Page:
Charles Shaw (USA)

The popular US grocery chain Trader Joe’s launched a wine label priced below $3 in 2002, with its value proposition appealing to “smart” consumers with an interesting activation at the point of sale. It proved to be an extremely savvy move, with an unprecedented 800 million bottles of “Two Buck Chuck” wines being sold in its first 12 years onTrader Joe’s shelves. Their range of wines is more than extensive, offering Merlot, Chardonnay, Cabernet Sauvignon and Pinot Grigio to name a few, not to mention a recently launched range of classic wine varieties using only organic grapes. Some people might be inclined to turn their nose up at the sight of $2 or $3 wine; however this wine has been critiqued by connoisseurs all over the world and has received many accolades along the way, as well as surpassing the billion bottle mark in 2016, which has helped to silence many naysayers.

Tesco (UK & Ireland)

The UK and Ireland grocery giant anchors it’s positioning on “everyday value,” helping its customers save money, without compromising on quality. Their messaging uses an amusing brand tone of voice that intrigues consumers to engage with the brand in a comfortable and almost personal fashion and with this playful wit, avoiding any uncertainty surrounding the creation a ‘cheap’ brand image. Tesco stocks high quality goods on par with many known consumer brands, but without the consumer brand price tag. In case they haven’t told you already, every little helps.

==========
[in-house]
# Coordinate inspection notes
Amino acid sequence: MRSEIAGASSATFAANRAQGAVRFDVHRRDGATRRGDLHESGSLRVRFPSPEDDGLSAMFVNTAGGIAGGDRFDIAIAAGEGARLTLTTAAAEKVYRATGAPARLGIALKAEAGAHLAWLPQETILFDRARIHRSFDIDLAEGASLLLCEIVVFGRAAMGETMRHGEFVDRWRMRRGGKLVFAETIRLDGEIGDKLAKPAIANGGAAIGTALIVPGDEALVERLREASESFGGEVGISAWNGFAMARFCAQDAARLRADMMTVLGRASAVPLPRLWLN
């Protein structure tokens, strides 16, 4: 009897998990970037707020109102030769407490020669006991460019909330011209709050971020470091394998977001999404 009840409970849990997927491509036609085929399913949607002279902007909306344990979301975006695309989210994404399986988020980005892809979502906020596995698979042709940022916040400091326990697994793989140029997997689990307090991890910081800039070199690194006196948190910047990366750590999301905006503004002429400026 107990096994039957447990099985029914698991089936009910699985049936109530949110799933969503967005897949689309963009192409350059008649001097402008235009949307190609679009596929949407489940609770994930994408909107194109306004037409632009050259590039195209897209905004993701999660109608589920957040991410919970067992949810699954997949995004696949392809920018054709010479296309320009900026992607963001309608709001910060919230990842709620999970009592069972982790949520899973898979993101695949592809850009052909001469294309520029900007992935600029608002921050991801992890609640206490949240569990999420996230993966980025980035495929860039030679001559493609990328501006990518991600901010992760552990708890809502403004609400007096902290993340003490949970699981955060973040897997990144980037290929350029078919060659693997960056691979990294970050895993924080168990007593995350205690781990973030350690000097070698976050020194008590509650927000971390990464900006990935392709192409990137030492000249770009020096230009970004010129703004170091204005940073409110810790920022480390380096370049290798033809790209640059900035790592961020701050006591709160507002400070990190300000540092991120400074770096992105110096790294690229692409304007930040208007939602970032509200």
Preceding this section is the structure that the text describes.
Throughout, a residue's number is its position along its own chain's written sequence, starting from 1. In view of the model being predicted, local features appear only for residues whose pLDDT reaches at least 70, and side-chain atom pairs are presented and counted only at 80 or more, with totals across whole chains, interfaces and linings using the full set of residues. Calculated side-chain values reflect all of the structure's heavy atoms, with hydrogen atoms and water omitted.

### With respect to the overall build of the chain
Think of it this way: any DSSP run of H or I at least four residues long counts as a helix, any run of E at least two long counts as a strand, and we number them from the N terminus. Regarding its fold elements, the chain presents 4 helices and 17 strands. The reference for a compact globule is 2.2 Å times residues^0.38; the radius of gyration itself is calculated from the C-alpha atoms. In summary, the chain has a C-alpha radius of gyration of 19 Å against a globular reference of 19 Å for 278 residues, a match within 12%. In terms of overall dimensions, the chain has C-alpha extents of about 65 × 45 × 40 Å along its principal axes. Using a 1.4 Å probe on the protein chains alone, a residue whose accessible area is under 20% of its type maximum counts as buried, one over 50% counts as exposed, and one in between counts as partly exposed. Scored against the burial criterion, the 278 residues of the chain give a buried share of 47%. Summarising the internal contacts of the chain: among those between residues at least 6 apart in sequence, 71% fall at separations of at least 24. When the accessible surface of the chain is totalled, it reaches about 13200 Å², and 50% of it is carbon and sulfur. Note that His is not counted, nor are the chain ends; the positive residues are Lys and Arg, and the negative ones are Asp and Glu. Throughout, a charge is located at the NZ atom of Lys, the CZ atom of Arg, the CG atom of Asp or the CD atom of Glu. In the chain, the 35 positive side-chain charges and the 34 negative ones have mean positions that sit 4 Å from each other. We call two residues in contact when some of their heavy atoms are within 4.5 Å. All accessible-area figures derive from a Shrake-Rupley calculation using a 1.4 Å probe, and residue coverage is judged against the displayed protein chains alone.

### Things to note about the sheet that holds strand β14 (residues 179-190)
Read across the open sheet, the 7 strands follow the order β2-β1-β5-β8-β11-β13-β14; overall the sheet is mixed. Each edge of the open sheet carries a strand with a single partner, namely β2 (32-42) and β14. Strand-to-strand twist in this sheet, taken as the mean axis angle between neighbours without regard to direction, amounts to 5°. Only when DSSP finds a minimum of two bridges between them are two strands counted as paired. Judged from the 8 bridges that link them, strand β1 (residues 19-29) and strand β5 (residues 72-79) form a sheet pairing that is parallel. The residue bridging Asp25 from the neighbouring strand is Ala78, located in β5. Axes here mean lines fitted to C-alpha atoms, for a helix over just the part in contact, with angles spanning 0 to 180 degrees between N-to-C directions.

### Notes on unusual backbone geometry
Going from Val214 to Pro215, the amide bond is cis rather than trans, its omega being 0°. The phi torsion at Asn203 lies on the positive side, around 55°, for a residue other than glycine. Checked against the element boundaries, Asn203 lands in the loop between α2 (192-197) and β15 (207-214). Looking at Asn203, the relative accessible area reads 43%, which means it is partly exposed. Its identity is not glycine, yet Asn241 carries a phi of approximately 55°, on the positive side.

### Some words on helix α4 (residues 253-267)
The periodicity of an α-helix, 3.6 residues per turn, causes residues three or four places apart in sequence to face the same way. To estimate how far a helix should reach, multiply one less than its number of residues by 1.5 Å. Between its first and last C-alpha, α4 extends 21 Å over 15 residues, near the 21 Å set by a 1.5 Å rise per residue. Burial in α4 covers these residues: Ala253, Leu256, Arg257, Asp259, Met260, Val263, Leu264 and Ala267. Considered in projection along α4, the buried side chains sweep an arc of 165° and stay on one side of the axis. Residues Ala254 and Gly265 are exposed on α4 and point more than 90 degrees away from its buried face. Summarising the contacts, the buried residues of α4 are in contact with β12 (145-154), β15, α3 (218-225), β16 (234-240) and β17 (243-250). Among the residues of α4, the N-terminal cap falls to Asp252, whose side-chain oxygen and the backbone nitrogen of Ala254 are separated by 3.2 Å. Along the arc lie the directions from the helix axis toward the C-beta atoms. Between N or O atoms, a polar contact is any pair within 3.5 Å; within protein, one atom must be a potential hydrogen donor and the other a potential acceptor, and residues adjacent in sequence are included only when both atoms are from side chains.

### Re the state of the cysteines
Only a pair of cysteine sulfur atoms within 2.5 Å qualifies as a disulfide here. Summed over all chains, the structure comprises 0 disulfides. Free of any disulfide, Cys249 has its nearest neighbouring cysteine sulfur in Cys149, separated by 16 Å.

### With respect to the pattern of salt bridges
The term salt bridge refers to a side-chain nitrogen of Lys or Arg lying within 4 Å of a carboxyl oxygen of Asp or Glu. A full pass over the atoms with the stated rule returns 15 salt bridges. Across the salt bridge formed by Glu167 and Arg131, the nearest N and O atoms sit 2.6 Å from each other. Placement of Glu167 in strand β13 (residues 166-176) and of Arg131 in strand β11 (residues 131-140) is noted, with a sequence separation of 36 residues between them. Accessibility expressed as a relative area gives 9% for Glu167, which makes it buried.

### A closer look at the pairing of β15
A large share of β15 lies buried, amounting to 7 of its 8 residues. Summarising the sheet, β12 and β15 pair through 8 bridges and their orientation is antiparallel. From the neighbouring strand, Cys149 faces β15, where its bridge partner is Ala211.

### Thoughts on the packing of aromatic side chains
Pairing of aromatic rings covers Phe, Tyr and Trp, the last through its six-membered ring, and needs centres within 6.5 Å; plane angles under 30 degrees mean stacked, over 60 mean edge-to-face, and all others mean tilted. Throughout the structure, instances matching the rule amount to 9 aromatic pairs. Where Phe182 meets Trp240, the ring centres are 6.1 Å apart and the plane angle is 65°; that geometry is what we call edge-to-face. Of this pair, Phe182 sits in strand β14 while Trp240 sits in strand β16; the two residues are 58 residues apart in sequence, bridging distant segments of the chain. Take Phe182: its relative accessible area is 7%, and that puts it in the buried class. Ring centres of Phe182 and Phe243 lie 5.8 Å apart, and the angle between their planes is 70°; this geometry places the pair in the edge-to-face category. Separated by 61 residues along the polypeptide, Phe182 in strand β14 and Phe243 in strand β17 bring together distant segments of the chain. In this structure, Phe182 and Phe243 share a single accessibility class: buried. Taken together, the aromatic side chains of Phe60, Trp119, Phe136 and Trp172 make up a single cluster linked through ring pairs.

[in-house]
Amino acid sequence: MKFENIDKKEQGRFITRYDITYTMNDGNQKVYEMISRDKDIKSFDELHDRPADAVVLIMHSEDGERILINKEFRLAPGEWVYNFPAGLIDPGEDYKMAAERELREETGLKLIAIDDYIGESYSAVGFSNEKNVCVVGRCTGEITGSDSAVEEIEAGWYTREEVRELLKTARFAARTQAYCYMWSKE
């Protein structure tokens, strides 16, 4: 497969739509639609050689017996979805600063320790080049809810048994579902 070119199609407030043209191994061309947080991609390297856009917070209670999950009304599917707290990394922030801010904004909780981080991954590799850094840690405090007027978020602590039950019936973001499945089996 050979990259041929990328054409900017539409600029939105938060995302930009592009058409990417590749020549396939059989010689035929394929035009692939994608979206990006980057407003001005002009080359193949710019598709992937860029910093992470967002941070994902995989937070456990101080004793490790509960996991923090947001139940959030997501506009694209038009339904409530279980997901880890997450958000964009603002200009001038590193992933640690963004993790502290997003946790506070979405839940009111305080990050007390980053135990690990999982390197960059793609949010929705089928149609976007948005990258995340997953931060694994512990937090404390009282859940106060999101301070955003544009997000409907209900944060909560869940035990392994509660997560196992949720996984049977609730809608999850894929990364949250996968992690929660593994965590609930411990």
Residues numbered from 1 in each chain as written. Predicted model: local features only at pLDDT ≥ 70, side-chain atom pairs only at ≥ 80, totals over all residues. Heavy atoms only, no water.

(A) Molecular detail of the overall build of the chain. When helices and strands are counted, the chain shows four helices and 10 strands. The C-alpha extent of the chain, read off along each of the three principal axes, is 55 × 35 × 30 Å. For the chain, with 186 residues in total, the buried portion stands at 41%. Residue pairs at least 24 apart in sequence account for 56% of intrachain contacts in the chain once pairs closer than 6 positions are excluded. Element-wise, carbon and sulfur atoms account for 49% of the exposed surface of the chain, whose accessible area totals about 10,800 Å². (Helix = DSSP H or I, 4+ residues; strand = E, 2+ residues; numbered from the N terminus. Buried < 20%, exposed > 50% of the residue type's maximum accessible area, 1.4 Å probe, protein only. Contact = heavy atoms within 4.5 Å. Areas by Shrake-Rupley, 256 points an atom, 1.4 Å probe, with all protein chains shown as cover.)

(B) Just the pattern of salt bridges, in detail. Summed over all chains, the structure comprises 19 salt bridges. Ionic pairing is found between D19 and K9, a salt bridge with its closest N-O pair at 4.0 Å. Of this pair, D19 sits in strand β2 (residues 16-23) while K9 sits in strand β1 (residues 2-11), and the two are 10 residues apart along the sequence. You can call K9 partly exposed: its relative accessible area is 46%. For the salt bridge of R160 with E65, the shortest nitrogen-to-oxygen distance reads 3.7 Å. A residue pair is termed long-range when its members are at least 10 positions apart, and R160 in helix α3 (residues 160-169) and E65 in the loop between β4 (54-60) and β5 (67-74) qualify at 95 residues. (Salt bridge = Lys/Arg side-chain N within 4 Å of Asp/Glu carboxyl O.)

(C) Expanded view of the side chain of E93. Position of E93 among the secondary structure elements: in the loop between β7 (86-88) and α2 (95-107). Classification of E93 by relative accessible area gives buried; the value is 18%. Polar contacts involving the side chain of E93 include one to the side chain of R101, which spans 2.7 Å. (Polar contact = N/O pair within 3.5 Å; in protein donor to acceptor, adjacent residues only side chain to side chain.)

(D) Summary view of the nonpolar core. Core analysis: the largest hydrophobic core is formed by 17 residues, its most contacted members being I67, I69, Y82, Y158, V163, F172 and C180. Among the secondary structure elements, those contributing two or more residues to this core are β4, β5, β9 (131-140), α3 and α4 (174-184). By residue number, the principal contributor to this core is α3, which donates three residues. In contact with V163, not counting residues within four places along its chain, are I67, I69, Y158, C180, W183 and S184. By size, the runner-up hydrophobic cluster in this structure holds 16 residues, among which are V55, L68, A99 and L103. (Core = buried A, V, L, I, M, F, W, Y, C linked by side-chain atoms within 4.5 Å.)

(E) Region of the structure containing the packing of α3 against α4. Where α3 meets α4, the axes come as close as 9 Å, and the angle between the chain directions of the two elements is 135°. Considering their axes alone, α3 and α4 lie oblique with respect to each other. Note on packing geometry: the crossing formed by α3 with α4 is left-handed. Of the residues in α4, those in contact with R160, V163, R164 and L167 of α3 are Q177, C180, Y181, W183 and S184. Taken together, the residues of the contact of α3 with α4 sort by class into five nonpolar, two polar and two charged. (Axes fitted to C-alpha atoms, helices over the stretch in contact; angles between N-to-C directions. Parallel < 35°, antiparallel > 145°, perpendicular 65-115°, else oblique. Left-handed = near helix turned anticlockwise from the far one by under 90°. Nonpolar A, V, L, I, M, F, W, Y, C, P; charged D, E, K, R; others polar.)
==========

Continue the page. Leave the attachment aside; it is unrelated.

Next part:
E. Leclerc (France)

The popular French retailer takes a ‘political activism’ standpoint to convey its positioning around quality and low prices. They argue that eating a balanced diet shouldn’t be an upper class privilege and that a healthy, varied diet should be accessible to all, regardless of social class and income. This political activist approach has inspired consumers to stand up and reject paying high prices for basic fresh produce and to instead adopt what they offer – quality, healthy, food at low prices.

Their own private labels Repere and organic line Éco+ provide hundreds of different high-quality products at prices affordable for everyone, giving them a greater customer reach versus their competitors. Their approach has shaken up the French supermarket sector in such a dramatic fashion, that they have recently leap-frogged long-term rival, Carrefour, who led E. Leclerc in market share 22,9% vs. 14,2% in 2008. E. Leclerc overtook their rivals with a market share of 21,3% vs. 20,2% in 2017, proving the punch that smart brands can pack. [1]

As we can see, these“smart brands” really do live up to their name, building brand strength and equity by cutting out all the unnecessary bells and whistles, all the while focusing on the more profound aspects of consumer needs and wants.

By solely focusing onthese important aspects, smart brands captivate consumers and entice them to buy honest, buy simple and buy smart.

As they say, easy does it.


‘Smart brands’: Building equity by ditching the “bells and whistles”Jaime Martín
Founding partner & CEO